Ripple Charity Holding the Money
RippleWorks is a 501(c)(3) nonprofit organization registered in the U.S. co-founded by Chris Larsen, the current Executive Chairman of Ripple.
The charitable organization is unique in that it does not provide material help. Instead, it provides “charitable consultancy” delivered by experts affiliated with the foundation. For example, the ALU school in Africa was supported by “Rippleworks Expert” Brett Browman, who provided growth marketing expertise.
Messari’s co-founder criticized the foundation for delivering zero charitable donations to others, according to its public balance sheet for 2018. The foundation seems to have incurred only two million dollars in non-tax expenses, out of a revenue of almost $300 million and $1.2 billion in Assets Under Management.
Selkis then concludes that “[Ripple is] using that vehicle as a corporate and executive tax shelter.” He then compared these figures with the Ripple Foundation’s other payments: a $665,000 salary for the CEO and a $30 million investment in Michael Arrington’s XRP Capital. “Arrington, of course, is a personal friend of Ripple CEO Brad Garlinghouse,” he added.
Claims Require Nuance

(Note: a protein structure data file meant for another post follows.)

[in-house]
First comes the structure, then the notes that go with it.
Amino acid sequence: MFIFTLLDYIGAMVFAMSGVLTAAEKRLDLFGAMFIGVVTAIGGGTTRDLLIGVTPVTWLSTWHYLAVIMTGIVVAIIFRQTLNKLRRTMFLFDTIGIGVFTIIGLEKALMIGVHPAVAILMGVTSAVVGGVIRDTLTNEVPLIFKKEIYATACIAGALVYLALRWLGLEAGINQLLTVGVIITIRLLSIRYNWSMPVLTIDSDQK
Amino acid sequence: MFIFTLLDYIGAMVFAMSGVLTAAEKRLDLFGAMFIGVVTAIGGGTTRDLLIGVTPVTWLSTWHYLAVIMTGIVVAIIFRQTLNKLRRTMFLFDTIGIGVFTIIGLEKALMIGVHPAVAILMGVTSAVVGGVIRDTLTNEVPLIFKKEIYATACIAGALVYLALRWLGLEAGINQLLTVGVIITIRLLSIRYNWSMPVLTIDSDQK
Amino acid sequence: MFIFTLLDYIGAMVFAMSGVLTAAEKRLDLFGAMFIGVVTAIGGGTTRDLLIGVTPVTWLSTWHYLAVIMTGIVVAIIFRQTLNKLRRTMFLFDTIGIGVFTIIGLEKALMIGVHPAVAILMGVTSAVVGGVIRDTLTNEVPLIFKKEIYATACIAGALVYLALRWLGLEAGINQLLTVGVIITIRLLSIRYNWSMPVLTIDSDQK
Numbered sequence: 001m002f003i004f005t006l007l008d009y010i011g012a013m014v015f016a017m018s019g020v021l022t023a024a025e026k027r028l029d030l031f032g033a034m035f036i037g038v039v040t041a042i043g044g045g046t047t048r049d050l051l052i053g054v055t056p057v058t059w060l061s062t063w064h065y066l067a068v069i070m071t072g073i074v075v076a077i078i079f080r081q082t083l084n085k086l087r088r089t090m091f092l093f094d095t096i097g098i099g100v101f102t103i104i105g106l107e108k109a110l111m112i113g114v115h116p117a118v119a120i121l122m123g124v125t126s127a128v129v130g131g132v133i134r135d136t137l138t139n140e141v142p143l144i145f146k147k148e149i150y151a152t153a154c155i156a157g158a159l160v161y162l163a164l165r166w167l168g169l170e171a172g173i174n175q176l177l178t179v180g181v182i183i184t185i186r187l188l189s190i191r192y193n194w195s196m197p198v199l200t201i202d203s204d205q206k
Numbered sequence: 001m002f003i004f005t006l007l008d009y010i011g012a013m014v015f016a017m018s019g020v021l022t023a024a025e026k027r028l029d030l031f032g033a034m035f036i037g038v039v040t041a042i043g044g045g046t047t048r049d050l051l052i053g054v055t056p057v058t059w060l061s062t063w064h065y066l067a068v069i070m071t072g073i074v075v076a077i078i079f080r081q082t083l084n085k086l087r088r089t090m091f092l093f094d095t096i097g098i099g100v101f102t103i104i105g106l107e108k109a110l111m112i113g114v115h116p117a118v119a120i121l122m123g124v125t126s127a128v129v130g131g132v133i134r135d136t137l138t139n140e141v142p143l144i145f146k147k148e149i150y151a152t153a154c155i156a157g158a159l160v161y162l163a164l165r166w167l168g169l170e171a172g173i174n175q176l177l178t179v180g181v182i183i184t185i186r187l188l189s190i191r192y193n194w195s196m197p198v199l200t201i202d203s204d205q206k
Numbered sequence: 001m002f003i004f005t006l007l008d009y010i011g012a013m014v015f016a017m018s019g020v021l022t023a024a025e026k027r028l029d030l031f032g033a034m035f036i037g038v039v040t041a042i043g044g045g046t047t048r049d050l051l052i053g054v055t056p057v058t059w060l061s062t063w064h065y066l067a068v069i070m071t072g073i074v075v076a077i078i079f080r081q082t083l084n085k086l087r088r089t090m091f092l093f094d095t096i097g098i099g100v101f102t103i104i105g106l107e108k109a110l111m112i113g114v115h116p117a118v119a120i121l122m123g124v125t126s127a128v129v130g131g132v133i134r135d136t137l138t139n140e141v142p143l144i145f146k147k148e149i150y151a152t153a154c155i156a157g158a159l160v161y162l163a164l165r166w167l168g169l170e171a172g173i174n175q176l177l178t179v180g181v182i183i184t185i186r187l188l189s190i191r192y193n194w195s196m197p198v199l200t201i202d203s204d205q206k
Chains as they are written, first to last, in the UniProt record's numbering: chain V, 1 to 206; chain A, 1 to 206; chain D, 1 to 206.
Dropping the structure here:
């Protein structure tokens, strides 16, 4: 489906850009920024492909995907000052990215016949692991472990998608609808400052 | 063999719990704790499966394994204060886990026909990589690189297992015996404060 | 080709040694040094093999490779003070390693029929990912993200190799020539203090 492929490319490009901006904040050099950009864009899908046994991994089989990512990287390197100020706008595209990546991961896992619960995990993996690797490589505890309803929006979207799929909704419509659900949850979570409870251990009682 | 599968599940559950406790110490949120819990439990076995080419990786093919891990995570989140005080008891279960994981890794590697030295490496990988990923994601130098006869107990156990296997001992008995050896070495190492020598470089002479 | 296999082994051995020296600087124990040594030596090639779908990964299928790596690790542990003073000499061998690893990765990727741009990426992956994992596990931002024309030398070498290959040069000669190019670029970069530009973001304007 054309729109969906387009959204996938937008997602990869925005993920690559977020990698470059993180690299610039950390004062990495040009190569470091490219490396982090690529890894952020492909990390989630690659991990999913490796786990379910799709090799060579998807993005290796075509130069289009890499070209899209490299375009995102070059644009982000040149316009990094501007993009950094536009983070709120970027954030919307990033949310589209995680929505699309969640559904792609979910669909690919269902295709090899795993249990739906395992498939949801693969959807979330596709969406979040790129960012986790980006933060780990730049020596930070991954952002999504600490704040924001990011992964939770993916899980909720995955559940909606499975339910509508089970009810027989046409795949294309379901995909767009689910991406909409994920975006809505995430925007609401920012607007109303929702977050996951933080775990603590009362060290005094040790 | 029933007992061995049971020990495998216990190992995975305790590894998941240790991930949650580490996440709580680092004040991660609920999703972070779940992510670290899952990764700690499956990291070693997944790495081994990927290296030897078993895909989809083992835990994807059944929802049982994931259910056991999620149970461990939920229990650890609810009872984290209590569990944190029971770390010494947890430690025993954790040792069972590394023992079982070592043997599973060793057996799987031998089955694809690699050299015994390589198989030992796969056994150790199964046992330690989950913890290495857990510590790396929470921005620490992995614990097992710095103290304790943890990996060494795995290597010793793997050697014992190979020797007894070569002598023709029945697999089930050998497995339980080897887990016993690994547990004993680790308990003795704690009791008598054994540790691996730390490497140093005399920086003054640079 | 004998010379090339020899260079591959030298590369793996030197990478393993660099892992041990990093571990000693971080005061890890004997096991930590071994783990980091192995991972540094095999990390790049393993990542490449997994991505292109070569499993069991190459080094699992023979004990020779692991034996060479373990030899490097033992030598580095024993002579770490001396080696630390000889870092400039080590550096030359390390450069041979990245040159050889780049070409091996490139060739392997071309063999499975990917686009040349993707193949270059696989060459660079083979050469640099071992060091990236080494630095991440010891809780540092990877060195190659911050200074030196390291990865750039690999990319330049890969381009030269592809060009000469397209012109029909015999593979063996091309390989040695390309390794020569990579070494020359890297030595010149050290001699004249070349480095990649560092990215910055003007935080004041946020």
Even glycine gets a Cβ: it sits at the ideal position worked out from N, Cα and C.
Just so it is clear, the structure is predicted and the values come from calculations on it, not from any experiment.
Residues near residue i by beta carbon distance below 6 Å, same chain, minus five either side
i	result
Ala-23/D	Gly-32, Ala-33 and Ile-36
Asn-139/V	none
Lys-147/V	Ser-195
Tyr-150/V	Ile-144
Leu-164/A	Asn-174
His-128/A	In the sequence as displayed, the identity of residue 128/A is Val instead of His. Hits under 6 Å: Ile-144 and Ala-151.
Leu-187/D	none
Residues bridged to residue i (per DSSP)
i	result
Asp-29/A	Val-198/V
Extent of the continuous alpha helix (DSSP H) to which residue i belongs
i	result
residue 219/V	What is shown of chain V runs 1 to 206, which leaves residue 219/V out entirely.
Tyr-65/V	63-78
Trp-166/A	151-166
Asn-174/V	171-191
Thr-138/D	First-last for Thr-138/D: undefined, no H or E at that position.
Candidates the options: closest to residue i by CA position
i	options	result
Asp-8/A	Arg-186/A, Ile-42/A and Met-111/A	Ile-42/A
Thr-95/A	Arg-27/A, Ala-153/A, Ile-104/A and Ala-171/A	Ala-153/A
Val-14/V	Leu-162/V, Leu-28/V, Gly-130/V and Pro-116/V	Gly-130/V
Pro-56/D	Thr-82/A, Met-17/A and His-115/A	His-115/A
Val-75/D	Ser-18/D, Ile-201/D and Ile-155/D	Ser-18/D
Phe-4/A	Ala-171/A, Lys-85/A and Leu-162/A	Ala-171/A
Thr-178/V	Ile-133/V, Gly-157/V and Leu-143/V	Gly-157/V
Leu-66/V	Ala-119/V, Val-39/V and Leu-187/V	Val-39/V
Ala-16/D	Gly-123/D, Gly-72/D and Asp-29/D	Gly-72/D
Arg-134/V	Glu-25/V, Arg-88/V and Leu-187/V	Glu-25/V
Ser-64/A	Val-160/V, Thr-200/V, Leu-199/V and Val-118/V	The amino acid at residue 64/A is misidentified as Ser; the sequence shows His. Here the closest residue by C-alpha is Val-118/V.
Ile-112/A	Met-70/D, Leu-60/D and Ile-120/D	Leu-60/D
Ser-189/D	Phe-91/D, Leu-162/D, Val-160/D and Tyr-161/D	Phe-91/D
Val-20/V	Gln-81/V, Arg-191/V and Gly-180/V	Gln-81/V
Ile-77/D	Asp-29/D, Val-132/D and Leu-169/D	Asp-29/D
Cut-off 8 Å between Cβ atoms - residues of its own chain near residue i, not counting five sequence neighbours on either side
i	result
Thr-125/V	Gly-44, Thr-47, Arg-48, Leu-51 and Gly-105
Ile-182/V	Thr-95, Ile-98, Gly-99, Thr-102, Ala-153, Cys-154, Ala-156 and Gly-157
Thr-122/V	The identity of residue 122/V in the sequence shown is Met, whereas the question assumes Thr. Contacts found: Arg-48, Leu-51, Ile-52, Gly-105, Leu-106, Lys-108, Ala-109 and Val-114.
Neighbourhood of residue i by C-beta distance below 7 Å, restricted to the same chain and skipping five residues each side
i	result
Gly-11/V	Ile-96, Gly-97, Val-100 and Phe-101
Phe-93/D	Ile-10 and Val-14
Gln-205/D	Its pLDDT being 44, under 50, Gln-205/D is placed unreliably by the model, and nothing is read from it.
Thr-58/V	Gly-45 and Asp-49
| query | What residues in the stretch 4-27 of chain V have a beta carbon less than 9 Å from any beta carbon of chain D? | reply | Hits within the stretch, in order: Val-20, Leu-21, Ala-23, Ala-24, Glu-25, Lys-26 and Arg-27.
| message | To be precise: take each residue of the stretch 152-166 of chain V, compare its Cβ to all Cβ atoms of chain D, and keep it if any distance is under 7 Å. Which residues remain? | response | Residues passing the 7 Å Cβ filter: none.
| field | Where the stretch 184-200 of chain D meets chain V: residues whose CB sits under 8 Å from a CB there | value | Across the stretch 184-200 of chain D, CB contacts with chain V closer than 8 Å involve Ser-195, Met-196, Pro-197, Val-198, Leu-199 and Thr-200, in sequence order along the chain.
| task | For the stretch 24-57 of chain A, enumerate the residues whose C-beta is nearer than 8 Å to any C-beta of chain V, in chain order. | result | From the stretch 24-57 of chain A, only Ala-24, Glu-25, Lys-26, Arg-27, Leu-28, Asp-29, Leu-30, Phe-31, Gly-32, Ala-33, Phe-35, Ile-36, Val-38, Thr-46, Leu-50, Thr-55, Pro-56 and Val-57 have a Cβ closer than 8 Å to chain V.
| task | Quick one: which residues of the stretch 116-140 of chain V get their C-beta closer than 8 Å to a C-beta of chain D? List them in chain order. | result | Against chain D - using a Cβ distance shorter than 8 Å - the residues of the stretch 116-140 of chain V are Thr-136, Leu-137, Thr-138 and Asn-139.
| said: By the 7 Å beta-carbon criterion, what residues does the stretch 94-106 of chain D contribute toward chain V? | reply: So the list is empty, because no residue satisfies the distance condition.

Messari previously covered XRP, claiming that its market capitalization is vastly overstated due to various sales limitations.
But while there is certainly some merit to Selkis’s argument, it is normal that Rippleworks did not donate to other charities. As explained above, it focuses on providing a consultancy service to the selected projects. Its charitable activities would thus fall entirely within the administrative costs portion of the balance sheet.
Nevertheless, the foundation’s material expenses amounted to less than one percent of its revenue — and only part of it was devoted to charity. The money ultimately remained in control of Ripple-affiliated persons, while Ripple Foundation was able to write off $174 million through a “non-cash” donation i.e. XRP tokens that it “created out of thin air,” notes Selkis.